To say that Dave Navarro is an interesting character would be an understatement of the century.
The guy has been in more than one widely successful band, he’s an actor, documentary maker (Mourning Son), while he also worked as a reality show host for the tattoo competition series Ink Master.
He’s written a skeezy autobiography (Don’t Try This At Home), and these days he hosts the Dark Matter Radio Podcast with his buddy Todd Newman and crew. Oh, and he was married to super sexy Carmen Electra for a while – no big deal.
With all that said, we still know him best for his guitar skills in legendary pioneering alt rock metal band Jane’s Addiction and his brief stint with Red Hot Chilli Peppers.
Dave knows his way around guitars, that is for sure. However, he is the type of guitar player who doesn’t put an accent on flawless shredding skills and solos.
Instead, he prefers to use the guitar as a medium that allows him to write music. That is something you just have to respect, especially seeing how shredding has become the metric these days.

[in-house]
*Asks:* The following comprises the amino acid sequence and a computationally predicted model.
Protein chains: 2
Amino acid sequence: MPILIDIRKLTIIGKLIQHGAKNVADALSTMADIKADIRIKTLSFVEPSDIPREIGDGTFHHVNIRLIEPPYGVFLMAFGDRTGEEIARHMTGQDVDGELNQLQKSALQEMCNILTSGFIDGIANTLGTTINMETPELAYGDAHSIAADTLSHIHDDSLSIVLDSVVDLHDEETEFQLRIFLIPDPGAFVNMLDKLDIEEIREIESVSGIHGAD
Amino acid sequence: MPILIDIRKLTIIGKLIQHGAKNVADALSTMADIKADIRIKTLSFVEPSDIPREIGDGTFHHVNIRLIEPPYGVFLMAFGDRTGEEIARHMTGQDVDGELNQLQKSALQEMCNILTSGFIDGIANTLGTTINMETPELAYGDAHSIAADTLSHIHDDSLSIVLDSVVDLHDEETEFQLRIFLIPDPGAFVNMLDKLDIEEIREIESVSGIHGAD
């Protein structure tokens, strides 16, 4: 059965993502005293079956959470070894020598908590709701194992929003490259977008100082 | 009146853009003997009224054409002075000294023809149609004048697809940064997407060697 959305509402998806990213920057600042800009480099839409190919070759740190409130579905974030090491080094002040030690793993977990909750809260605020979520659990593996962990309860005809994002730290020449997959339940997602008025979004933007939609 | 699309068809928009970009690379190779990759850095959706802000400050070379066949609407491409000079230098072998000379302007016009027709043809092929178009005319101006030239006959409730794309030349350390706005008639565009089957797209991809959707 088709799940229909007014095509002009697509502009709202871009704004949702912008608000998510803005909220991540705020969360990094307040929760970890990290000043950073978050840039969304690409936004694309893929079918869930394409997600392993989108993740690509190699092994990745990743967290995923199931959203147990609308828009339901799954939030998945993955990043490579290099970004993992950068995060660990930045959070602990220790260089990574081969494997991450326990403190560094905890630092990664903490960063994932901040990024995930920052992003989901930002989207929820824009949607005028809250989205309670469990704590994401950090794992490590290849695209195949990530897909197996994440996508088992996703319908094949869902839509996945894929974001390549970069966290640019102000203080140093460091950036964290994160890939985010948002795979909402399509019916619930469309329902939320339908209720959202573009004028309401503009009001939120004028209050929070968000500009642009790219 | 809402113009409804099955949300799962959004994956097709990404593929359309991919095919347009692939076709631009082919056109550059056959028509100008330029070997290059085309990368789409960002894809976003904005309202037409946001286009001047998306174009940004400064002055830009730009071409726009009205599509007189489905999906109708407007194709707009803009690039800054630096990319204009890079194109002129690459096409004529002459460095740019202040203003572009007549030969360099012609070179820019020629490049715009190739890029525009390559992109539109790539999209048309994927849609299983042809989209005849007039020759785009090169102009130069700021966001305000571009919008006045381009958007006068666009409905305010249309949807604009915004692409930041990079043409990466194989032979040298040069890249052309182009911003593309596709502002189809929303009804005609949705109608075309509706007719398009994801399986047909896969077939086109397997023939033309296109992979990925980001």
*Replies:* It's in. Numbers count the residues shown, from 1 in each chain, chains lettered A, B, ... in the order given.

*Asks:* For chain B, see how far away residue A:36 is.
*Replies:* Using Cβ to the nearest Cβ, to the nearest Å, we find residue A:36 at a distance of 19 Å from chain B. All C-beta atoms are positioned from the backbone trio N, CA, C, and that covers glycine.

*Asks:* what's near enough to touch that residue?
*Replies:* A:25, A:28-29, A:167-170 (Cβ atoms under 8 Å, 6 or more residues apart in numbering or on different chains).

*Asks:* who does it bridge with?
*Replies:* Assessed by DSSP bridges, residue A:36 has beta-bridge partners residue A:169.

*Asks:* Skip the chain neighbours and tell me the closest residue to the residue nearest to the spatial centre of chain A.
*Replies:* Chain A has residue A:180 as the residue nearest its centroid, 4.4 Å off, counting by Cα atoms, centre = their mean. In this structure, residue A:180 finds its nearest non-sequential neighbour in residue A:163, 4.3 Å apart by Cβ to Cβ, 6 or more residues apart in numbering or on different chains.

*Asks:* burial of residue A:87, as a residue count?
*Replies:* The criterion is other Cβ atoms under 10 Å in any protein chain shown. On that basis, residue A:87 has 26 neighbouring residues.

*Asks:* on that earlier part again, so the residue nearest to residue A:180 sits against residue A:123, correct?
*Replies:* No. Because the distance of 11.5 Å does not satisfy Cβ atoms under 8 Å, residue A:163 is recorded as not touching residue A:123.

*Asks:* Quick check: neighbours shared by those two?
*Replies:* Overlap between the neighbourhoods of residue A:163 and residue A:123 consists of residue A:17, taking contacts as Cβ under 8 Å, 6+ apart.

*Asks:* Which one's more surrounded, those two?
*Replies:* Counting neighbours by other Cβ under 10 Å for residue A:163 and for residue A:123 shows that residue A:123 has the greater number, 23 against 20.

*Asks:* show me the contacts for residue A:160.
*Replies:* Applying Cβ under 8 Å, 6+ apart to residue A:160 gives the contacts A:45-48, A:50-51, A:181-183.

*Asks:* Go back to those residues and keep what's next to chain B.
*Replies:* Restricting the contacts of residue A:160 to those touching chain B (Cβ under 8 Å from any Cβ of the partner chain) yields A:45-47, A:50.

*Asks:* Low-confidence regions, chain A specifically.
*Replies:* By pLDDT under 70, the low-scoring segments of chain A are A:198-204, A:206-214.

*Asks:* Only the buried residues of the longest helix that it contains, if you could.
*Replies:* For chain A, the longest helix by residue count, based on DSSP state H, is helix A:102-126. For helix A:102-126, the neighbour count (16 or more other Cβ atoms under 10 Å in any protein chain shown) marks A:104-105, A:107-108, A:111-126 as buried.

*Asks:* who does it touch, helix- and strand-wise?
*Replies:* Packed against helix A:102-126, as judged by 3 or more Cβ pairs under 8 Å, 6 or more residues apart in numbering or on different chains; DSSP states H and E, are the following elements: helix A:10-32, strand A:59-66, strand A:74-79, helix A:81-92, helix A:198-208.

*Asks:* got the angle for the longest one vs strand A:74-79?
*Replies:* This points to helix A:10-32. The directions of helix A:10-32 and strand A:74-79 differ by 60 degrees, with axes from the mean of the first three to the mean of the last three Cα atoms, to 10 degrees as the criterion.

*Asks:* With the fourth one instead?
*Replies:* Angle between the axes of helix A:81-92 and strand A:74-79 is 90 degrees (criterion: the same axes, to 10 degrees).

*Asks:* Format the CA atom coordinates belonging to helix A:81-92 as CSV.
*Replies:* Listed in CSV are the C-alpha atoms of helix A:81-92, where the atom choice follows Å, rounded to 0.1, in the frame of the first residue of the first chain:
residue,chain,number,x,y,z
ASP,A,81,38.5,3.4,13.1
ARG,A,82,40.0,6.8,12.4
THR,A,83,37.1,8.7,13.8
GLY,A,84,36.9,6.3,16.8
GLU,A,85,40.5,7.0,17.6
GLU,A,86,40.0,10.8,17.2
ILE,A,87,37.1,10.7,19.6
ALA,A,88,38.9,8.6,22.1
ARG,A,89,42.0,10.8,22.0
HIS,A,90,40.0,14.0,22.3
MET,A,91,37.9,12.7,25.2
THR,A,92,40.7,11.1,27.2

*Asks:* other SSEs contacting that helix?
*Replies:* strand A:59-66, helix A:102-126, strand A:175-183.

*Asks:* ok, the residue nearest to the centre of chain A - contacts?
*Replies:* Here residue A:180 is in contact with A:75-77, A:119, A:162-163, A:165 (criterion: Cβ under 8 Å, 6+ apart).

Aside from his skills, Dave Navarro definitely knows how to dial in a good guitar tone. For the most part, he simply understands what any given piece of music needs.
His ability to match the atmosphere of a song with a complementing tone setup is pretty awesome to observe. Let’s take a listen to some classic Jane’s Addiction just to illustrate this point.
Naturally, Navarro relies on a variety of equipment to achieve sounds and dynamics like this. As we said, depending on the song, Dave takes it where he wants.
Our goal today is to go over the guitars, amps as well as effects pedals that Dave Navarro uses or has used in the past. By showing you this info, you should figure out what kind of angle Navarro is going for.
Let’s get started.
Dave Navarro Rig Rundown
Navarro’s choice of gear is pretty defined. By that, we mean that he is loyal to specific brands when it comes to guitars as well as amps.
Taking a methodical approach to gear like he does, allows you to know exactly what you will get. He has built the foundation of his sound and kept tweaking it to this day.